The Right Stuff (1983)

Irwin Winkler and Robert Chartoff, coming off an Oscar® win for Best Picture in ROCKY (1976) and a nomination for RAGING BULL (1980), would receive yet another nomination in their final project together, this 1983 historical drama adapted from Tom Wolfe’s eponymous book. The film documents a group of military test pilots who go from breaking the sound barrier to being selected for the U.S.’ first manned spaceflight, Project Mercury. The cast includes Sam Shepard in an Oscar®-nominated role as Chuck Yeager (and his real-life counterpart actually makes a cameo appearance in the film!), Scott Glenn as Alan Shepard (no relation to Sam), Ed Harris as John Glenn, Dennis Quaid as Gordon Cooper, and Fred Ward as Gus Grissom.

Winkler and Chartoff outbid Universal for the rights to adapt Wolfe’s book; as the author did not want to write the ensuing screenplay, director Philip Kaufman shelved the original script by William Goldman and wrote his own. Original backing studio United Artists (who also backed ROCKY) dropped out after the failure of HEAVEN’S GATE (1980), and a company led by Alan Ladd, Jr. and backed by Warner Bros. stepped in to take their place. Most of the film was shot in and around San Francisco, with location shooting also taking place at the real Edwards Air Force Base, and a vast array of full-sized aircraft, special effects, and dozens of scale models were used throughout the film.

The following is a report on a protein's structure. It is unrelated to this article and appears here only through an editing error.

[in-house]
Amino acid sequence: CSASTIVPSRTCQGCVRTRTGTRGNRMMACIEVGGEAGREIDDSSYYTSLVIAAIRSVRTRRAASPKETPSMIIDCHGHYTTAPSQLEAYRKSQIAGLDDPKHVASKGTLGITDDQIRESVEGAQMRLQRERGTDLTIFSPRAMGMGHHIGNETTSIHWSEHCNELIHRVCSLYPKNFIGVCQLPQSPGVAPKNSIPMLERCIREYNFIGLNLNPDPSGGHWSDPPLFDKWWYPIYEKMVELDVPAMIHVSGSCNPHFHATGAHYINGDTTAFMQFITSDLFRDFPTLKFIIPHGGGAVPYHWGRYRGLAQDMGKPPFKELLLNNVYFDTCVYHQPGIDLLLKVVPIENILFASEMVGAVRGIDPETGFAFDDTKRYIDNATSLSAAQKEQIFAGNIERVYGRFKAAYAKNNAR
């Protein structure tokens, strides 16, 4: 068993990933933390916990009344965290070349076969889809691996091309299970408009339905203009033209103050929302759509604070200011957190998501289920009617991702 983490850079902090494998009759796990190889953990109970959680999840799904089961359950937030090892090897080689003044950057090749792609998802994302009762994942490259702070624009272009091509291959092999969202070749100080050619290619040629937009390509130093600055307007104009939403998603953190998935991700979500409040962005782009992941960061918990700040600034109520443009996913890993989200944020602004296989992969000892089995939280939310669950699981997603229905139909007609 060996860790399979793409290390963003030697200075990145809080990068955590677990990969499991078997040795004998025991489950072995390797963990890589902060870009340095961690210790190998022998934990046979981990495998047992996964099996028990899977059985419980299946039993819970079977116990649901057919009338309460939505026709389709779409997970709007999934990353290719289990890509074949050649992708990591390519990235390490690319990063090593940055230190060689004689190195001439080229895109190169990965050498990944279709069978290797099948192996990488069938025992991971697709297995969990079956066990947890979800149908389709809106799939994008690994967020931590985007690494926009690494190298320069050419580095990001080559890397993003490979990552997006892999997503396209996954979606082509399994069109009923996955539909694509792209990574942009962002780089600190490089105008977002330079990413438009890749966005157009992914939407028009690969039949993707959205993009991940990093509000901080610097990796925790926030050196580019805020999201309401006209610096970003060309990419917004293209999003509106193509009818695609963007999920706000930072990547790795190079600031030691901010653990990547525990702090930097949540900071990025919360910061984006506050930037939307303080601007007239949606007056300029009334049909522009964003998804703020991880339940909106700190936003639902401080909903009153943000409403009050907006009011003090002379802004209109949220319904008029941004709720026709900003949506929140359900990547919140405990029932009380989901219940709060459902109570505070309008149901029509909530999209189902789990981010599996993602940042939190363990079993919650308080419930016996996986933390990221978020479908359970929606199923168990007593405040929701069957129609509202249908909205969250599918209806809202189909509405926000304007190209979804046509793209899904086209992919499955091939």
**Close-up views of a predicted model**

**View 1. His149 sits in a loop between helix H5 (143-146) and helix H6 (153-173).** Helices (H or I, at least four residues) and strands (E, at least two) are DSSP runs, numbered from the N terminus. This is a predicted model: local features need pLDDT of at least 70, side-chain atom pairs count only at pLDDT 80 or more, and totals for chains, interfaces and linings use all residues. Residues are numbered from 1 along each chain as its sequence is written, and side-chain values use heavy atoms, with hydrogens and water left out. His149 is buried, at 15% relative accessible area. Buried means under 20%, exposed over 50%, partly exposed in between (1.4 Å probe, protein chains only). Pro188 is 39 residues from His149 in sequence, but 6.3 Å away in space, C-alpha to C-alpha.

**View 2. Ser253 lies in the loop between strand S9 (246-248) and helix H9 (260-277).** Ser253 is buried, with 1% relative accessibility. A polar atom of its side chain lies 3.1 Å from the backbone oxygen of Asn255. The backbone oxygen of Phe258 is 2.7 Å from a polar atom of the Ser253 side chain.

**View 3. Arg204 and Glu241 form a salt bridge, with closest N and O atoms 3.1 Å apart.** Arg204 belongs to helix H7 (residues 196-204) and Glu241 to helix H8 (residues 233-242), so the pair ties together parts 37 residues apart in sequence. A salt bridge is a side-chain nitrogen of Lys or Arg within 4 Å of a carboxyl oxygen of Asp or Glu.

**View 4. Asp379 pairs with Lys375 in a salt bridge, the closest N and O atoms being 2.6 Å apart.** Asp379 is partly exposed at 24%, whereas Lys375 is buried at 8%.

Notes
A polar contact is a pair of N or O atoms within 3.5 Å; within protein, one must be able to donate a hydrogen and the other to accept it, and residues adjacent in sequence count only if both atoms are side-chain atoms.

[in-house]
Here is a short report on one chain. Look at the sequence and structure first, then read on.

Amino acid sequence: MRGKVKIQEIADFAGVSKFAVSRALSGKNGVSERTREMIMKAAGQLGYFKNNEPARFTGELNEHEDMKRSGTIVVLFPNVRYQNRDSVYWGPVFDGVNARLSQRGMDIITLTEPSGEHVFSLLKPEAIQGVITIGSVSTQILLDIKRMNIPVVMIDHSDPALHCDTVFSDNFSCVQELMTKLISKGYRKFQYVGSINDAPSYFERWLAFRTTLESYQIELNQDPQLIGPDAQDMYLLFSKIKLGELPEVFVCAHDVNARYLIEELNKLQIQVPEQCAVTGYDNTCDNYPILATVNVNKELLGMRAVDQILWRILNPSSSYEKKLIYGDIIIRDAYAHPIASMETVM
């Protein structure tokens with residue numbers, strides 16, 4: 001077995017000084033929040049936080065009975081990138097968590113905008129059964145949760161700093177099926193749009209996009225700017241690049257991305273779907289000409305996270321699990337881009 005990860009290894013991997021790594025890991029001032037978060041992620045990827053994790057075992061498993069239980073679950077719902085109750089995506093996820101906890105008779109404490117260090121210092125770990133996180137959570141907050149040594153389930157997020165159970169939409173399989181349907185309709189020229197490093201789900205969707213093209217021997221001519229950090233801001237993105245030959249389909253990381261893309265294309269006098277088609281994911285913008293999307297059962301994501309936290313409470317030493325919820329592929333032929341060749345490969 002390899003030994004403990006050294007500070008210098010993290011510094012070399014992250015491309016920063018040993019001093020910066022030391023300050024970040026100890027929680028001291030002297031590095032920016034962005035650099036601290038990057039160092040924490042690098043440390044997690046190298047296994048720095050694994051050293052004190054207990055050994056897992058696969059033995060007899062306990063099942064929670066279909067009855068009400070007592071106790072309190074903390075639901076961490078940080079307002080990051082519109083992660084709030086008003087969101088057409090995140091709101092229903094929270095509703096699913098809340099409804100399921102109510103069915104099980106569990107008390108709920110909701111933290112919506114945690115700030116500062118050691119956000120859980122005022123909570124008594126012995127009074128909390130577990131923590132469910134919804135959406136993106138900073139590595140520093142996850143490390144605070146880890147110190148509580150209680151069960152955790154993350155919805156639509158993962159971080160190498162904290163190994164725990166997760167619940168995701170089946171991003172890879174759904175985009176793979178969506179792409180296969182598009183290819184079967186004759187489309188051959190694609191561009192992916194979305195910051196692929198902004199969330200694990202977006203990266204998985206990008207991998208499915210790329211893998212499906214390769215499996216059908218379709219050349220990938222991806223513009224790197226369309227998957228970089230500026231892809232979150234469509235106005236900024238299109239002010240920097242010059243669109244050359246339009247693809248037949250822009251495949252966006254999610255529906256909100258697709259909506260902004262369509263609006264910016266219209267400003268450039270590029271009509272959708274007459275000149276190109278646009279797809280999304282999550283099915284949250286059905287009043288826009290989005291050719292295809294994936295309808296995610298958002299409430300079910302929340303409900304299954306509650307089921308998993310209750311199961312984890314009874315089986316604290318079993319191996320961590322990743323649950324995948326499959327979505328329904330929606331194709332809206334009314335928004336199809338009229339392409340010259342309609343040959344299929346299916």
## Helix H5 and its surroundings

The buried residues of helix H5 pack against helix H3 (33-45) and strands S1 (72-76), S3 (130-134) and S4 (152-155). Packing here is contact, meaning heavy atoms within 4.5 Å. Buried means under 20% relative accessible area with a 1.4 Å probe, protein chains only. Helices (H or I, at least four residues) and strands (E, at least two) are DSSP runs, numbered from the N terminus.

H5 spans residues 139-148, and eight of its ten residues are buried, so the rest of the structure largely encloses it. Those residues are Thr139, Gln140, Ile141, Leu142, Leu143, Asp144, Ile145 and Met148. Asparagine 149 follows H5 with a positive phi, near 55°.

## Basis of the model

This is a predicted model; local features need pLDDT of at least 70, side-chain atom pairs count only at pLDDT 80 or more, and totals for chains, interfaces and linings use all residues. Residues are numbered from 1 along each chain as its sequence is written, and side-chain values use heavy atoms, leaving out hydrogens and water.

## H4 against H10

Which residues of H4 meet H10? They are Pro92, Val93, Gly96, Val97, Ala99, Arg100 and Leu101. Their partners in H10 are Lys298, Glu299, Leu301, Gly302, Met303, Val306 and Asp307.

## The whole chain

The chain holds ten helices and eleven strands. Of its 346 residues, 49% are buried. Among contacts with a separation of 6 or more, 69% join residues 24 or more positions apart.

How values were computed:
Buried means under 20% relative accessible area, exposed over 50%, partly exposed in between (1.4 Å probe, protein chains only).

THE RIGHT STUFF sacrifices a great deal of historical accuracy throughout its story, but in the process it brings us a superbly-crafted adventure that literally takes us through time and space. While it is highly dramatic, it also manages to sprinkle in a good deal of colorful dialogue and humor throughout, which keeps things from getting too overwrought or stale. It is also impressively edited, earning a well-deserved Academy Award® for its team of five. Another equally deserved Oscar® went to yet another ROCKY veteran, Bill Conti, for his musical score which soars just as much as the aircraft on-screen. The sound editing and mixing earned the film’s other statuettes, and it was also nominated for Best Picture (losing out to TERMS OF ENDEARMENT). In short, it is a historical drama on a truly grand scale, yet it’s one that can be appreciated by virtually anyone who watches it.